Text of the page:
O Hick and Stephen, you're welcome hither (E. Nelham, 1652)
A boat, a boat, haste to the ferry (J. Jenkins, 1652)
Call for the ale, stand or fall (W. Lawes, 1652)
Let's cast away care and merrily sing (W. Lawes, 1652)
Come quaff apace this brisk Canary wine (W. Lawes, 1652)
Hang sorrow and cast away care (W. Lawes, 1652)
Come let us have a merry heart (W. Lawes, 1667)
Now my lads, now my lads, now let's be merry (H. Lawes, 1652)
If you will drink for pleasure (J. Hilton, 1652)
The pot, the pipe, the quart, the can (W. Lawes, 1652)
Why should we three not be merry? (T. Brewer, 1667)
This ale, my bonny lads (J. Cranford, 1667)
England, I do love thee dearly (G. Holmes, 1667)
Sing one, two three, come follow me (anon, 1702)
Would you know how we meet o'er our jolly full bowls (H. Purcell, 1685)
If all be true that I do think (H. Purcell, 1701)
Now, now we are met, and humours agree (H. Purcell, 1701)
He that drinks is immortal (H. Purcell, 1701)
Pale faces stand by and our bright ones adore (H. Purcell, 1701)
In drinking full bumpers there is no deceit (J. Clarke, 1702)
Strange news from the Rose, boys (M. Wise, 1731)
Tobacco's but a vapour (E. Nelham, 1762)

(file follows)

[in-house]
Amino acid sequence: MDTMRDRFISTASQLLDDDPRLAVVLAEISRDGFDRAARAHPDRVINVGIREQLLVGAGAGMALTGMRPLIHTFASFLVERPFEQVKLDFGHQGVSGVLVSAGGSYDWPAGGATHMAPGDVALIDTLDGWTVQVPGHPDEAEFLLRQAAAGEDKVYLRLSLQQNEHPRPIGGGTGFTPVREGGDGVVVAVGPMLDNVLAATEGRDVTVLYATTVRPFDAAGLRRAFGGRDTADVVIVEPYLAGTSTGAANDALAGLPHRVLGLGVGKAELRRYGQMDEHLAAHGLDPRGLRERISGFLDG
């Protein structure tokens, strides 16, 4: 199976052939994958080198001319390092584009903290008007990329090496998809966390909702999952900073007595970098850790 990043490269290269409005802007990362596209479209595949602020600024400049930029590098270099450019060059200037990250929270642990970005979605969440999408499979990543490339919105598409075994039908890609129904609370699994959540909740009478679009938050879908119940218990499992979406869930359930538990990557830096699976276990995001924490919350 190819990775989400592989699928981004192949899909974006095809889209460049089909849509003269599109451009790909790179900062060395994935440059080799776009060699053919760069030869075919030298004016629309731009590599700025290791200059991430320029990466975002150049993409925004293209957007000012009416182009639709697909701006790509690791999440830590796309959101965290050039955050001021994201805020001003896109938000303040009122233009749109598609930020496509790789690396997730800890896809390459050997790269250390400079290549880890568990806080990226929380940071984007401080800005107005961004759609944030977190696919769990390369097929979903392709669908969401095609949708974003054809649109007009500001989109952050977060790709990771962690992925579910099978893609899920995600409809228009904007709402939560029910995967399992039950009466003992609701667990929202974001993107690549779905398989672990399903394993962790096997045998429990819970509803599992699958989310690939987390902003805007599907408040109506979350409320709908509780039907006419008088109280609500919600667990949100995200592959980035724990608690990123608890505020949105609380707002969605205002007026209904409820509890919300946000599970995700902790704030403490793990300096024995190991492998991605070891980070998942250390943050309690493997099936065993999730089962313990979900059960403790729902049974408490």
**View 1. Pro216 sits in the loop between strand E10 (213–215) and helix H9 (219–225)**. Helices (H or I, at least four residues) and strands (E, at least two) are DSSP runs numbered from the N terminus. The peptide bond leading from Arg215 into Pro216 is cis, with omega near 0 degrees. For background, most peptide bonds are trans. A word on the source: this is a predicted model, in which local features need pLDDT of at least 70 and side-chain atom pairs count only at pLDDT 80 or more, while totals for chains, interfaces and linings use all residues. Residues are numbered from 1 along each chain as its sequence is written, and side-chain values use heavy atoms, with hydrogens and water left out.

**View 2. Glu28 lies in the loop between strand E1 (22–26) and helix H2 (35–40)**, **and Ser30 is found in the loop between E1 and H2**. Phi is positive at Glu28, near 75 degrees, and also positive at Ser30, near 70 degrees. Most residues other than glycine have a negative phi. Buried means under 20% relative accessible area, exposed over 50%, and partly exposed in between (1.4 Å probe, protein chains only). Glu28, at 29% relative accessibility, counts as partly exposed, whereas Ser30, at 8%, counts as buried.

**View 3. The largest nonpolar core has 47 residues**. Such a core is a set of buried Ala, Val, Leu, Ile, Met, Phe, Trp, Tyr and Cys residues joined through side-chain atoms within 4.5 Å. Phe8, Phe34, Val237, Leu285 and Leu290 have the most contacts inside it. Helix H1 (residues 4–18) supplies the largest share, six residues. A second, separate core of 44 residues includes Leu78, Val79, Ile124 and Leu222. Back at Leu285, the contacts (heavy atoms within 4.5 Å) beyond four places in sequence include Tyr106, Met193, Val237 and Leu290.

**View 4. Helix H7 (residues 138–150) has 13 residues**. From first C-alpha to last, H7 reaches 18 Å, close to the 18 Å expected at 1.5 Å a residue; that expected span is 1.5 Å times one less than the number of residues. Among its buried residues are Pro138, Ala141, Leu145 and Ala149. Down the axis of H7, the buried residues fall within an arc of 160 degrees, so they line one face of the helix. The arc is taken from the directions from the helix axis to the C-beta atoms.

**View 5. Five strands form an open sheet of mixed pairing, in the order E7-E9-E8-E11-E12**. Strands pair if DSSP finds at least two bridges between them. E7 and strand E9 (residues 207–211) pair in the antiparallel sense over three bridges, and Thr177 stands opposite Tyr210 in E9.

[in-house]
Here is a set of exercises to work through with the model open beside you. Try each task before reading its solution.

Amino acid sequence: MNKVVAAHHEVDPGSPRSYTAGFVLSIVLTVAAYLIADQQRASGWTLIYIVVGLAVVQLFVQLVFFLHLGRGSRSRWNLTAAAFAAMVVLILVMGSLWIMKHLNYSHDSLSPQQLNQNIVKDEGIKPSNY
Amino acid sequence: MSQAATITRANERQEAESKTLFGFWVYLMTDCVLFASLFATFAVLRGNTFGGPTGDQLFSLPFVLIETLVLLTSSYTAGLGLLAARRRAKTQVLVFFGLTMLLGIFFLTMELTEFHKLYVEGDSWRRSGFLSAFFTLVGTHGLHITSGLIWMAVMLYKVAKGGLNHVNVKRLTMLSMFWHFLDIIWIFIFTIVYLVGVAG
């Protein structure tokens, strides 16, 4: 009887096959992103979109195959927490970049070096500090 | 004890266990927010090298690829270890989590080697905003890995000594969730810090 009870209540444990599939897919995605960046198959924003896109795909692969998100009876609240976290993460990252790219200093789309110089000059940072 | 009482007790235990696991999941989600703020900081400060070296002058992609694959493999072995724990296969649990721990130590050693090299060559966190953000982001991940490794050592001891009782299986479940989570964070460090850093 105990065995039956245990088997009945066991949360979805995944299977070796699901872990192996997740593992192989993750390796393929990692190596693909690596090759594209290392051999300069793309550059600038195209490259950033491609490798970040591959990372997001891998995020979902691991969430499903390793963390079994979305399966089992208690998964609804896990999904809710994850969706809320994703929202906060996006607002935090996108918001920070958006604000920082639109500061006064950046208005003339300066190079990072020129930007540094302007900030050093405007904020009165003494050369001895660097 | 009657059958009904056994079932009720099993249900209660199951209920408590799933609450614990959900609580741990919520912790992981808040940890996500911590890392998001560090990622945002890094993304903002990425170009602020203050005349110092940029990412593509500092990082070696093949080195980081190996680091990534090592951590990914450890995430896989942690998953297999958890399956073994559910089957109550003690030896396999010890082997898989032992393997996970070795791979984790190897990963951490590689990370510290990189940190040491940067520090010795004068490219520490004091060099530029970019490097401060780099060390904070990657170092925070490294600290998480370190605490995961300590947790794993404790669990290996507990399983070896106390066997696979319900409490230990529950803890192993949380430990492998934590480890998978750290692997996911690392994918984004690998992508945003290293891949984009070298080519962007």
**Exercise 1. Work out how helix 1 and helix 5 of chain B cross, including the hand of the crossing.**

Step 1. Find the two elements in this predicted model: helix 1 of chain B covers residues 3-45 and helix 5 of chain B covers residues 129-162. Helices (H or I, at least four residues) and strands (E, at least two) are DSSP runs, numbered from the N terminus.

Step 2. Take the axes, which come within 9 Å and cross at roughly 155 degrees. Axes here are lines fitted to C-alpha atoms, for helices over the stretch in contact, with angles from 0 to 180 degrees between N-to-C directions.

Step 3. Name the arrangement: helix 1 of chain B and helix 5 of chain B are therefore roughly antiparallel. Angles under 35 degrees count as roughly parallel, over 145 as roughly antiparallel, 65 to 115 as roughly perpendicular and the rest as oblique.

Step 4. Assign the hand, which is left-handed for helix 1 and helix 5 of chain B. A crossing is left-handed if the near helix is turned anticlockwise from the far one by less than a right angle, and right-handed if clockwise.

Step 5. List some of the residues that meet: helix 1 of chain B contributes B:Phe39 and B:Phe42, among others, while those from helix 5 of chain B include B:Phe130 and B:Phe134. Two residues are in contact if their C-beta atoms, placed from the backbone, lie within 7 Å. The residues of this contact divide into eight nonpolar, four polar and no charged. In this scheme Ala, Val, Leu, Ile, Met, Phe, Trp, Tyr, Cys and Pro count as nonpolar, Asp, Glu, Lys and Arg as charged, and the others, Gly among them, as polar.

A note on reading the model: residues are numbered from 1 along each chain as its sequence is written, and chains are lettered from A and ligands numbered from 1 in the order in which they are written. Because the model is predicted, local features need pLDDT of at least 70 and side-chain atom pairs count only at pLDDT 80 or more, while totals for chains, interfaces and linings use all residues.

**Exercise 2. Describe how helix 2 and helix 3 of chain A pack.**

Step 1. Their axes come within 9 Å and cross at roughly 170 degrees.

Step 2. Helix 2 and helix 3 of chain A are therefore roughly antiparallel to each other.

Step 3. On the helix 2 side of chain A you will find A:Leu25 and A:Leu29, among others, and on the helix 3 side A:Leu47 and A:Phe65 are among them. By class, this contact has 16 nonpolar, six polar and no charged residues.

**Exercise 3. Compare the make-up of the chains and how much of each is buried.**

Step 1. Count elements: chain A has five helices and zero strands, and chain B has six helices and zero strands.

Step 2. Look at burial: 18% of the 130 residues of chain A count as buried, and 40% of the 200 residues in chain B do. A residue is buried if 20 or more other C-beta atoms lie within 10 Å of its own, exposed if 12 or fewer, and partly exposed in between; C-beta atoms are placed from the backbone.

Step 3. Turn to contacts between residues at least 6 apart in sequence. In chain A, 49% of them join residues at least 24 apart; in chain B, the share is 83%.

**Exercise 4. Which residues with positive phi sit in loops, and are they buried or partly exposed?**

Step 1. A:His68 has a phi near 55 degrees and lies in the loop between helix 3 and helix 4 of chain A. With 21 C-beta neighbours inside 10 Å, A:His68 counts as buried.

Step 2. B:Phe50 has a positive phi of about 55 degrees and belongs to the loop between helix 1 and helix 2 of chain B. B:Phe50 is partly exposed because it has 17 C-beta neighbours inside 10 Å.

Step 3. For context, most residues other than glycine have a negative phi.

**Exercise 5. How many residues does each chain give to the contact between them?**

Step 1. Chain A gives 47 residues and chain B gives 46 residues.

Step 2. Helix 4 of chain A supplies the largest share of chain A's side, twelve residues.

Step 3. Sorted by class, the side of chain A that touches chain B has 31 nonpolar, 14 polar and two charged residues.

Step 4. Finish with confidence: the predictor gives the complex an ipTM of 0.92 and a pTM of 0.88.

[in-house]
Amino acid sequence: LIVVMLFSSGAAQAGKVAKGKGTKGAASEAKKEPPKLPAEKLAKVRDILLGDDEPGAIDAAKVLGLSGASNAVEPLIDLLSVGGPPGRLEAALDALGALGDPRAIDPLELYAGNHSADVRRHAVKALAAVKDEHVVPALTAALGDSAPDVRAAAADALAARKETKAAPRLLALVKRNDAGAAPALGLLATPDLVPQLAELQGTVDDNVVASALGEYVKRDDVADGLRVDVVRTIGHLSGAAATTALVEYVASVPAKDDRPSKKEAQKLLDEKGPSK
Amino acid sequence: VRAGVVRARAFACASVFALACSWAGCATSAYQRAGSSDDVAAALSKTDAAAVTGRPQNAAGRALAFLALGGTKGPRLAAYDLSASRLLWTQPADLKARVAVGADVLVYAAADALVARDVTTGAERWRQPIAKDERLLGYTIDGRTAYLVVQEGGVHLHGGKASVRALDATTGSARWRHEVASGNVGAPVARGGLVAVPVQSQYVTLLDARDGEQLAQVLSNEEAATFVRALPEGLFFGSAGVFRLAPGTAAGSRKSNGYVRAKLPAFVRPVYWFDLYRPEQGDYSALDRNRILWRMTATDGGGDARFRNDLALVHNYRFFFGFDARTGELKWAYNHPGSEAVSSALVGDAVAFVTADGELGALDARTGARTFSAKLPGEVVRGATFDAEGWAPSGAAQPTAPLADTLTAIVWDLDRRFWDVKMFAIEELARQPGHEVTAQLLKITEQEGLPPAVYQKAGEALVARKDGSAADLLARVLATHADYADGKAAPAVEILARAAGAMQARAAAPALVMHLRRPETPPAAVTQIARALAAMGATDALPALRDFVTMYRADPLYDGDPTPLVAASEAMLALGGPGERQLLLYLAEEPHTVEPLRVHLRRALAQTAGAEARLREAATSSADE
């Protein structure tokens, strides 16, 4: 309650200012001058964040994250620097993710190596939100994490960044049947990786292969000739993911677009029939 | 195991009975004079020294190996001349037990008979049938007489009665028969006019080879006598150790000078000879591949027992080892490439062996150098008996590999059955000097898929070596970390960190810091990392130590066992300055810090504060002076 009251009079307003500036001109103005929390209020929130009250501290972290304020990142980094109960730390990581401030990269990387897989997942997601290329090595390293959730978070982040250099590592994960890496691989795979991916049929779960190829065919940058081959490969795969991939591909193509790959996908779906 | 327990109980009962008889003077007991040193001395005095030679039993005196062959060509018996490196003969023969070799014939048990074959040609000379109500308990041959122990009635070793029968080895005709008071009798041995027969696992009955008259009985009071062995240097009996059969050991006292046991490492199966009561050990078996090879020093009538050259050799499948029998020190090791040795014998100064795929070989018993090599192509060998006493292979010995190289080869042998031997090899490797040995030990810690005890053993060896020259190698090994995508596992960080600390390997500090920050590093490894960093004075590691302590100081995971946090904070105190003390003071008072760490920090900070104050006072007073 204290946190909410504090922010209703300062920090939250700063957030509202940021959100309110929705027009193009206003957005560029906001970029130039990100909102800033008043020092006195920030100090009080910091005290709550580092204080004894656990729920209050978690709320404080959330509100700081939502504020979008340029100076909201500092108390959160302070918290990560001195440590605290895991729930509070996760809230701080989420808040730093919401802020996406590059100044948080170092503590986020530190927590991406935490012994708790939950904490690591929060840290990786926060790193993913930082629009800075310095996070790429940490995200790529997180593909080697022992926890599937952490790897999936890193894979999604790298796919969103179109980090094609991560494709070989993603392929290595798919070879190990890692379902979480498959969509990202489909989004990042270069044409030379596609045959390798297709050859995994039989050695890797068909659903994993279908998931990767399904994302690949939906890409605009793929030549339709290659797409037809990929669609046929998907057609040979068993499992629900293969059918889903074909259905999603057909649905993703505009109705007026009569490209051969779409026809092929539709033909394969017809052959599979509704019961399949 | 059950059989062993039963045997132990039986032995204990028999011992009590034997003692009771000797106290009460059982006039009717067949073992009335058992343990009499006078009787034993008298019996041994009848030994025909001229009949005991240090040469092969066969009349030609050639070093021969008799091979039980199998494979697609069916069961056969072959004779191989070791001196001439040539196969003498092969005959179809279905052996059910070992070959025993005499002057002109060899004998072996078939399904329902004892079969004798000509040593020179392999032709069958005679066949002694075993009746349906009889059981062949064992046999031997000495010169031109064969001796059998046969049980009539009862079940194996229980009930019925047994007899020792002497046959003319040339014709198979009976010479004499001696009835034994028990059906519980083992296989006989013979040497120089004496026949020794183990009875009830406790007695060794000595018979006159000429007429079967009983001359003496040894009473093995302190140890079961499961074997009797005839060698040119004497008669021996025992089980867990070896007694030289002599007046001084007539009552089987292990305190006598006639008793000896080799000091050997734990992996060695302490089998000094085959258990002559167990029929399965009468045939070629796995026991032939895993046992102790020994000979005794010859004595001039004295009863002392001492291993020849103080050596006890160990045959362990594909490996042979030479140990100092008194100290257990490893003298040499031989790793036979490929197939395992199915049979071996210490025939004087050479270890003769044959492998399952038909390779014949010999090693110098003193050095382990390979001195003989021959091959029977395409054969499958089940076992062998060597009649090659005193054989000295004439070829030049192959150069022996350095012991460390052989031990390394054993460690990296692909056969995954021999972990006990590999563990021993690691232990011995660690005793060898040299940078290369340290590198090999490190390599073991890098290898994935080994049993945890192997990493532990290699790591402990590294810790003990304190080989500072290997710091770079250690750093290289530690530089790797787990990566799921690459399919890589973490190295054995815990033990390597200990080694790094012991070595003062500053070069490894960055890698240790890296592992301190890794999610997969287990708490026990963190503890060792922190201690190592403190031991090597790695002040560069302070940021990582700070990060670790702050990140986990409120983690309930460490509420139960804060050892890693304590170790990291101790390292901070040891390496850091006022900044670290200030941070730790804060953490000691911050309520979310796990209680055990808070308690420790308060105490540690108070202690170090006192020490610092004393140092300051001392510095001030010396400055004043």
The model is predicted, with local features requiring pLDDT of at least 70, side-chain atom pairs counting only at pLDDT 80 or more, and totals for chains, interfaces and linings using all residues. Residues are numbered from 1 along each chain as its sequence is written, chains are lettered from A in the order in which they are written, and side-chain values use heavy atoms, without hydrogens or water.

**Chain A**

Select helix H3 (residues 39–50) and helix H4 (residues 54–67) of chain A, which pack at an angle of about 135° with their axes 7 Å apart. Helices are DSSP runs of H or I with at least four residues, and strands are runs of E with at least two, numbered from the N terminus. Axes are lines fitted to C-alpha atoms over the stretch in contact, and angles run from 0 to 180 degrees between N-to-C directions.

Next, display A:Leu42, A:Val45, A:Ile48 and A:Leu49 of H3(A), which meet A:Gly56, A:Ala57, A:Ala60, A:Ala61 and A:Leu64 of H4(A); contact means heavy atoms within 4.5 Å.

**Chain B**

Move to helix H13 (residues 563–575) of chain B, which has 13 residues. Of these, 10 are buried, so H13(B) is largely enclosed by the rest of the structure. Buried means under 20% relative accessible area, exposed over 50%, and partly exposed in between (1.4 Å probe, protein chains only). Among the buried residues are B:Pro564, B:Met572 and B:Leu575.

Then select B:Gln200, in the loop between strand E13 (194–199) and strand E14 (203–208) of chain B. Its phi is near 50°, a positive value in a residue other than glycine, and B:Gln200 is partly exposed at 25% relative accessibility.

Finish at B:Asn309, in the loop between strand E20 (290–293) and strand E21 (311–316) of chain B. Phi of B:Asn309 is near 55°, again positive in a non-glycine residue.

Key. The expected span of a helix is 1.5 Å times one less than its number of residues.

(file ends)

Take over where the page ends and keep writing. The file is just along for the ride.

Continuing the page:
Of honest malt liquor let English boys sing (R. Brown, 1731)
To our Musical Club here's long life and prosperity (J. Caesar, 1731)

Lady, come down and see (anon, 1609)
There lies a pudding in the fire (anon, 1609)
Three blind mice (anon, 1609)
Let's have a peal for John Cooke's soul (anon, 1609)
Jinkin the Jester was wont to make glee (anon, 1609)
Jack, boy, ho, boy, news (anon, 1609)
Hold thy peace, and I prithee hold thy peace (anon, 1609)
I C U B A K (anon, 1609)
Follow me quickly, Jack is a pretty boy (anon, 1609)
The maid she went a milking (anon, 1609)
My mistress will not be content (anon, 1611)
Come follow, follow, follow (J. Hilton, 1652)
Cuckoo, go neighbours help us to hedge in the cuckoo (E. Nelham, 1652)
This gear goes hard (T. Holmes, 1652)
I poor and well, thou rich and ill (J. Hilton, 1652)
Wilt thou lend me thy mare to ride a mile? (E. Nelham, 1652)
The Wise Men were but sev'n (W. Lawes, 1652)
Let Simon's beard alone (J. Hilton, 1652)
There was an invisible fox (J. Hilton, 1667)
My dame has a lame, tame crane (M. White, 1667)
Under this stone lies Gabriel John (H. Purcell, 1686)
Come Amaryllis now let us be merry (W. Lawes, 1667)
Goose law'd with goose for cousin gander's land (W. Lawes, 1652)
Slaves to the world should be toss'd in a blanket (E. Nelham, 1667)
Once in our lives, let us drink to our wives (H. Purcell, 1686)
'Tis women make us love (H. Purcell, 1685)
One industrious insect (H. Purcell, 1701)
When V and I together meet (H. Purcell, 1701)
To thee, to thee, and to a maid (H. Purcell, 1685)
An ape, a lion, a fox and an ass (H. Purcell, 1701)
Jack, thou'rt a toper (H. Purcell, 1701)
Well rung, Tom, boy (anon, 1701)